Signs, accessibility, environment contribute to making customers feel welcome
When a potential customer sees your ads or your store, do they feel comfortable coming to shop if they know they are perceived as different? How are you saying ‘You are welcome here’ to people of all races, ages, religions, sizes and abilities?
Photos and Signs
As a visual merchandiser, I know the power of photos
but am wary of using them for this purpose. They have to be just right or they
can work against your brand. Several people of color I spoke with said that if
they see a photo with a Black/Hispanic/Asian/Middle Eastern person in the store
window or on a visible wall from the street, they are more likely to shop the
From the logical point of view, having a photo (or
many photos) with each race or religion represented can begin to look overcrowded
and like you are playing to sales, so balance is important.
If you choose to use photos, they need to be big —
really big. At least 3 feet long by 4 feet high and simply framed. Ideally, if
you can find or produce a photo with individuals of varying nationalities, you
have a winner.
Additionally, a door sign can simply say ‘We welcome
everyone’ or ‘All are welcome here.’ I have seen door signs that say, ‘Hate has
no home here.’ Unfortunately, the word that stands out is hate. Leave out
negativity. If you like lists, a more positive door sign may say, ‘WELCOME all
sizes, colors, ages, cultures, sexes, beliefs, religions, types and people. YOU
ARE SAFE HERE.’
People of varying sexualities may feel anxious about
restrooms. If you have a unisex bathroom, the door signs can simply state
‘All-Gender Restroom’ or my favorite, ‘Whatever.’
People with limited mobility often feel less than
welcome in a retail store, especially when the aisles won’t accommodate a
wheelchair or walker, or there’s no handicap access. Revamping older buildings
is costly and can be challenging architecturally. An outside ramp is sometimes
less expensive than reworking the inside of your store. If you can get people
into the store who need a ramp, perhaps have a table and chairs (or area for
them to stay in their own chair at a desk) so you can present options using a
tablet, laptop, brochure or catalog without going up stairs.
Older customers also need to feel comfortable in
your store. Besides the potential issue of floor-level changes, certain chairs
can be unwelcoming to older people. Close your eyes and imagine that your knees
hurt when bent, your back throbs with pain when you lean forward and your
balance is off due to arthritis in your feet. Now, with all that in mind,
imagine the only seating in the store is an Adirondack chair.
Ideal chairs for people of all ages have sturdy
arms, with seats of normal height (18 inches) and slightly wider. They should
hold up to 250 pounds. The chair can be wood or metal, but adding an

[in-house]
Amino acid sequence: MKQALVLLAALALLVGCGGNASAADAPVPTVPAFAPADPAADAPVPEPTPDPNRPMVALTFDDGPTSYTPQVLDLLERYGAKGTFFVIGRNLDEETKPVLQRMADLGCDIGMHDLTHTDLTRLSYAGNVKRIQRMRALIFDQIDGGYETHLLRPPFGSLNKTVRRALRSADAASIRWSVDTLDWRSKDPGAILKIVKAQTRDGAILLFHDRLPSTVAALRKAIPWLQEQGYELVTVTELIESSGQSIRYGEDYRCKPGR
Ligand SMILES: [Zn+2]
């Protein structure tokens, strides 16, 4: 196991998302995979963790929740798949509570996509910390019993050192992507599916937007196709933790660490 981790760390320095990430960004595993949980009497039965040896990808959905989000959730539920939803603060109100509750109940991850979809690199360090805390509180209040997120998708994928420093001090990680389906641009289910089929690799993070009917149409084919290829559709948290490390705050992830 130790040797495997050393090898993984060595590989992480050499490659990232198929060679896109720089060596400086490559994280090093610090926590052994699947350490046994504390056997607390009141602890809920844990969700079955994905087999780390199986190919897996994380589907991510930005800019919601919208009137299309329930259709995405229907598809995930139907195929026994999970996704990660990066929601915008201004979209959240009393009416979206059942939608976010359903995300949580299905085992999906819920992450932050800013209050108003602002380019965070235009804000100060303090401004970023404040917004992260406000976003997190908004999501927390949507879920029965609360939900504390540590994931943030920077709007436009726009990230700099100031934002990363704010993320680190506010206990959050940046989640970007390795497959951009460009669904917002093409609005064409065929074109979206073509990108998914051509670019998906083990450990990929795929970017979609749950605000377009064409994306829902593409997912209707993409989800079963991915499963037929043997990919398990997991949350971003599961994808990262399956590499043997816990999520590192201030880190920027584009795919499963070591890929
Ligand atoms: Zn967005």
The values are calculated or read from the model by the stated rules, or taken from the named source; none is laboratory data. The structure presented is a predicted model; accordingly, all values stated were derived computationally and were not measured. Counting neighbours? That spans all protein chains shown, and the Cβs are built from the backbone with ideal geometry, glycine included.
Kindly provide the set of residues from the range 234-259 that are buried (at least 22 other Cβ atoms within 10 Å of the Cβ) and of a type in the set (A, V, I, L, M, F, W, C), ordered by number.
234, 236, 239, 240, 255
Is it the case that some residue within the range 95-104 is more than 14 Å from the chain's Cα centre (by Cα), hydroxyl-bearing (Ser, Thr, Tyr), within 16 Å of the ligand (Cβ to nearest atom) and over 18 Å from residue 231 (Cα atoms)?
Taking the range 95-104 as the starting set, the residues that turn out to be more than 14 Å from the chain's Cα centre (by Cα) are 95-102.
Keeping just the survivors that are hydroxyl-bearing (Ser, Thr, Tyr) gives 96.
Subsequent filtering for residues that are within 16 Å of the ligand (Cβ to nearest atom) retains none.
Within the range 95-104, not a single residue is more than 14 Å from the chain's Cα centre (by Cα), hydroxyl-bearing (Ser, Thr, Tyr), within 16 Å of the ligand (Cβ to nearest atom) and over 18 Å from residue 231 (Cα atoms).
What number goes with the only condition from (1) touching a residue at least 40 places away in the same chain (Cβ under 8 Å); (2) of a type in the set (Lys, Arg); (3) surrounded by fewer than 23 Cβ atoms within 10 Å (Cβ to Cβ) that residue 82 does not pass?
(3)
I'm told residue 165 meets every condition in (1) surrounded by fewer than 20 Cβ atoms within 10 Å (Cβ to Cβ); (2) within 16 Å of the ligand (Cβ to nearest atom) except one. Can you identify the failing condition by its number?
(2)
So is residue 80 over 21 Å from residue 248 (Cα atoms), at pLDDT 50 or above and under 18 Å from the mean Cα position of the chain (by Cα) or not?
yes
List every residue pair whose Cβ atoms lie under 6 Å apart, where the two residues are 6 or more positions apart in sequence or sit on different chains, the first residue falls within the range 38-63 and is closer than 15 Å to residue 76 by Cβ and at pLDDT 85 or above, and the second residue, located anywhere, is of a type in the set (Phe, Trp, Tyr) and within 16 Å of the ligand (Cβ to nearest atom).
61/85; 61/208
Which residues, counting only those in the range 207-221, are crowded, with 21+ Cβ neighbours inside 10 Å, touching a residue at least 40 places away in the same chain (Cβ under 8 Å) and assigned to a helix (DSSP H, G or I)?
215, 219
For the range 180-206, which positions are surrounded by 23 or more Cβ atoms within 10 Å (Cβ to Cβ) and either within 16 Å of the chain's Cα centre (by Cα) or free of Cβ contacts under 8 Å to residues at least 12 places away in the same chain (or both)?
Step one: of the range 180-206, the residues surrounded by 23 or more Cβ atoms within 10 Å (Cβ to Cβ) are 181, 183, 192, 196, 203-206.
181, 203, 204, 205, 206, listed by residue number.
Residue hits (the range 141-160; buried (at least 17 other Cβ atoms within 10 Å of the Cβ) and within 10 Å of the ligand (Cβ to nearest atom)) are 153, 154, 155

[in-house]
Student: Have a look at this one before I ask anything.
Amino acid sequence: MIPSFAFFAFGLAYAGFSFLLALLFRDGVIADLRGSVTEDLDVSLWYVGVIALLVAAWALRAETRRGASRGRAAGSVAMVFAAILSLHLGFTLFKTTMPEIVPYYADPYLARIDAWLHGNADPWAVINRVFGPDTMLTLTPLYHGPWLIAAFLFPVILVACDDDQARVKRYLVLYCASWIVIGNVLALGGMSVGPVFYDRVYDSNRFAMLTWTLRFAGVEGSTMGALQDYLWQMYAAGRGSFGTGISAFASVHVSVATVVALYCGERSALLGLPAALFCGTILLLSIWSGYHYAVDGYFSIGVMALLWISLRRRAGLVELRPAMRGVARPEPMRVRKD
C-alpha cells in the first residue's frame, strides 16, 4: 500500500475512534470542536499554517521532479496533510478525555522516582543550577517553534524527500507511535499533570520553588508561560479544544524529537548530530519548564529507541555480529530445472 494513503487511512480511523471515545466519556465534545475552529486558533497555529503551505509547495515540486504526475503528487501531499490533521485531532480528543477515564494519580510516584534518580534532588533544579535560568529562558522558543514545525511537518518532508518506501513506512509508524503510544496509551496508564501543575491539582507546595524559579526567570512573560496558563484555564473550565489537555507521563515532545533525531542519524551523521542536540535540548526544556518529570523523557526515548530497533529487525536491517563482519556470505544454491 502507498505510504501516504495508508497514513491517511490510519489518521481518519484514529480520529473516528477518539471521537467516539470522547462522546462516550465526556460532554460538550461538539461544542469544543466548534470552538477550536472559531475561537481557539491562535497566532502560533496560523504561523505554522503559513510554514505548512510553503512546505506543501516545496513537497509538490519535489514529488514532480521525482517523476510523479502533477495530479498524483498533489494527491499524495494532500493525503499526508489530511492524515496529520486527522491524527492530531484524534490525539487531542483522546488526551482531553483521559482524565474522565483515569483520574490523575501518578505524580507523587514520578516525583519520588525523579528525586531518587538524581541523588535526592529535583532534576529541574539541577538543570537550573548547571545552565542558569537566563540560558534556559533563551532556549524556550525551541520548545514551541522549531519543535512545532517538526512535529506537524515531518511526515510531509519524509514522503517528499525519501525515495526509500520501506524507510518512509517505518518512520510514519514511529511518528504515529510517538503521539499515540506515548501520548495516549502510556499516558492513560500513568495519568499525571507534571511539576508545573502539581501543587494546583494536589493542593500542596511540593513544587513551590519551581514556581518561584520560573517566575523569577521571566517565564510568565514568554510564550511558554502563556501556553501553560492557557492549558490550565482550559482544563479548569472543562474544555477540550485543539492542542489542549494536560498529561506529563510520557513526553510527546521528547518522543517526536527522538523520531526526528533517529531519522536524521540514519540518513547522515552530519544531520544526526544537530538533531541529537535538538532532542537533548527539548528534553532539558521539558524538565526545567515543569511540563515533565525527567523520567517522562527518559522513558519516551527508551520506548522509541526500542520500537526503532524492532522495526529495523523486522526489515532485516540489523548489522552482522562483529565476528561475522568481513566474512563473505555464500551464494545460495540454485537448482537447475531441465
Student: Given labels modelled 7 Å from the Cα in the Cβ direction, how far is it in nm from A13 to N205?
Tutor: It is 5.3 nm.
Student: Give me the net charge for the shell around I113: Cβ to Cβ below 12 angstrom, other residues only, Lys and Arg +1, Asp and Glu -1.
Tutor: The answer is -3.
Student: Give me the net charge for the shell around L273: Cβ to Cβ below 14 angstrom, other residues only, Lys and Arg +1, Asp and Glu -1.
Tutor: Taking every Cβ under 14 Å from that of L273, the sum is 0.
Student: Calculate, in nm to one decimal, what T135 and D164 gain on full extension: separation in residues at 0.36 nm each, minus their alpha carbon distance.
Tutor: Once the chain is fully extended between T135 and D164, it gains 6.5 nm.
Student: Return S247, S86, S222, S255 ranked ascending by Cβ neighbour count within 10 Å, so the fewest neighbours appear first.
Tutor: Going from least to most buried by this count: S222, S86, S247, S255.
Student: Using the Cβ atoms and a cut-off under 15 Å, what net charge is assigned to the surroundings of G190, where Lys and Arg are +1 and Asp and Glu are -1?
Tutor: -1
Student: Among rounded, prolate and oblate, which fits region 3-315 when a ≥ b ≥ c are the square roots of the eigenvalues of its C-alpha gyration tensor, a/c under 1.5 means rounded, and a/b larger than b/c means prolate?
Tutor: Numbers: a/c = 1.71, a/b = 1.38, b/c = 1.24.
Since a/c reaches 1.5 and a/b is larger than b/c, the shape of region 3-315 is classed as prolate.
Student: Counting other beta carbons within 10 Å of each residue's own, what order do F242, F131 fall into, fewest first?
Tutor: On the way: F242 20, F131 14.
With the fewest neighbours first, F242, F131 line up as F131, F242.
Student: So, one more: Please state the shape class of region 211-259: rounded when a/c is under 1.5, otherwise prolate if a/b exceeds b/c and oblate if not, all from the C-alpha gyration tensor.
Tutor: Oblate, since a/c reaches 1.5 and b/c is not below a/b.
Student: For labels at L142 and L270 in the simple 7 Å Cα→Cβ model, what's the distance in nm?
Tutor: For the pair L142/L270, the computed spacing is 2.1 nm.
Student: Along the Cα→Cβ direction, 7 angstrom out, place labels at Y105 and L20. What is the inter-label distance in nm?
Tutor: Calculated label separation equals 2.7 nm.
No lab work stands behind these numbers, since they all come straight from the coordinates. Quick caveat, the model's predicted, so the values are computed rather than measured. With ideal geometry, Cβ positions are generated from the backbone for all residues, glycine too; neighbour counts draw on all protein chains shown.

upholstered seat will make it more welcoming and comfortable. Try to buy a
chair with a seat you can remove to recover as needed.
Also, don’t buy a chair you haven’t sat in yourself.
Buying chairs online based on reviews often gets you chairs that only work for
the reviewer, not the different body types in your stores.
Dark, dramatic stores that just light their spas can
look fabulous and intriguing — just remember to also light the signage. Older
customers may have a more difficult time reading if the light is dim. Because
there is a lot of visual information offered at each spa, add an LED spotlight
to the signage. If there are any floor-level changes, those should be extremely
well lit even if the rest of the aisles are softly lit.
Balance often becomes an issue as people age. In the
restrooms, install grab bars next to each toilet. They can make a huge
difference to someone living with pain. Each spa that has stairs should also
have handrails. If you are marketing certain spas to younger customers, that
may not be necessary. But if there is any chance it will be touted as great for
aging people, add those handrails right away.
There is a local store I can’t spend more than three
minutes in without getting a headache. I’ve been told the scent (‘stench’ in my
mind) is the wax they use on their floors. I avoid this close-by store because
of that odor.
Environmental hypersensitivity is very real, and
scent is usually No. 1 on the hit list. Mold, mildew and overly strong chemicals
(chlorine, cleaning agents) can cause allergic reactions. For some, perfume
allergies are real. If you are promoting a line of scents for your spas,
consider beachy or citrusy scents, as they rarely annoy scent-sensitive people.
Loud music or flashing lights can trigger panic reactions in some people. Unless your only customers are tweens, neither makes sense in a spa store. Music works best when it’s not so loud it makes conversations difficult. Finally, the most important way to welcome people into your store is to look up from whatever you’re doing or whomever you are speaking with, smile and offer greetings. This is a powerful way to help people who otherwise may feel anxious, defensive or uncomfortable instead feel that they are desirable customers. It is worth more than all the signs and photos on earth.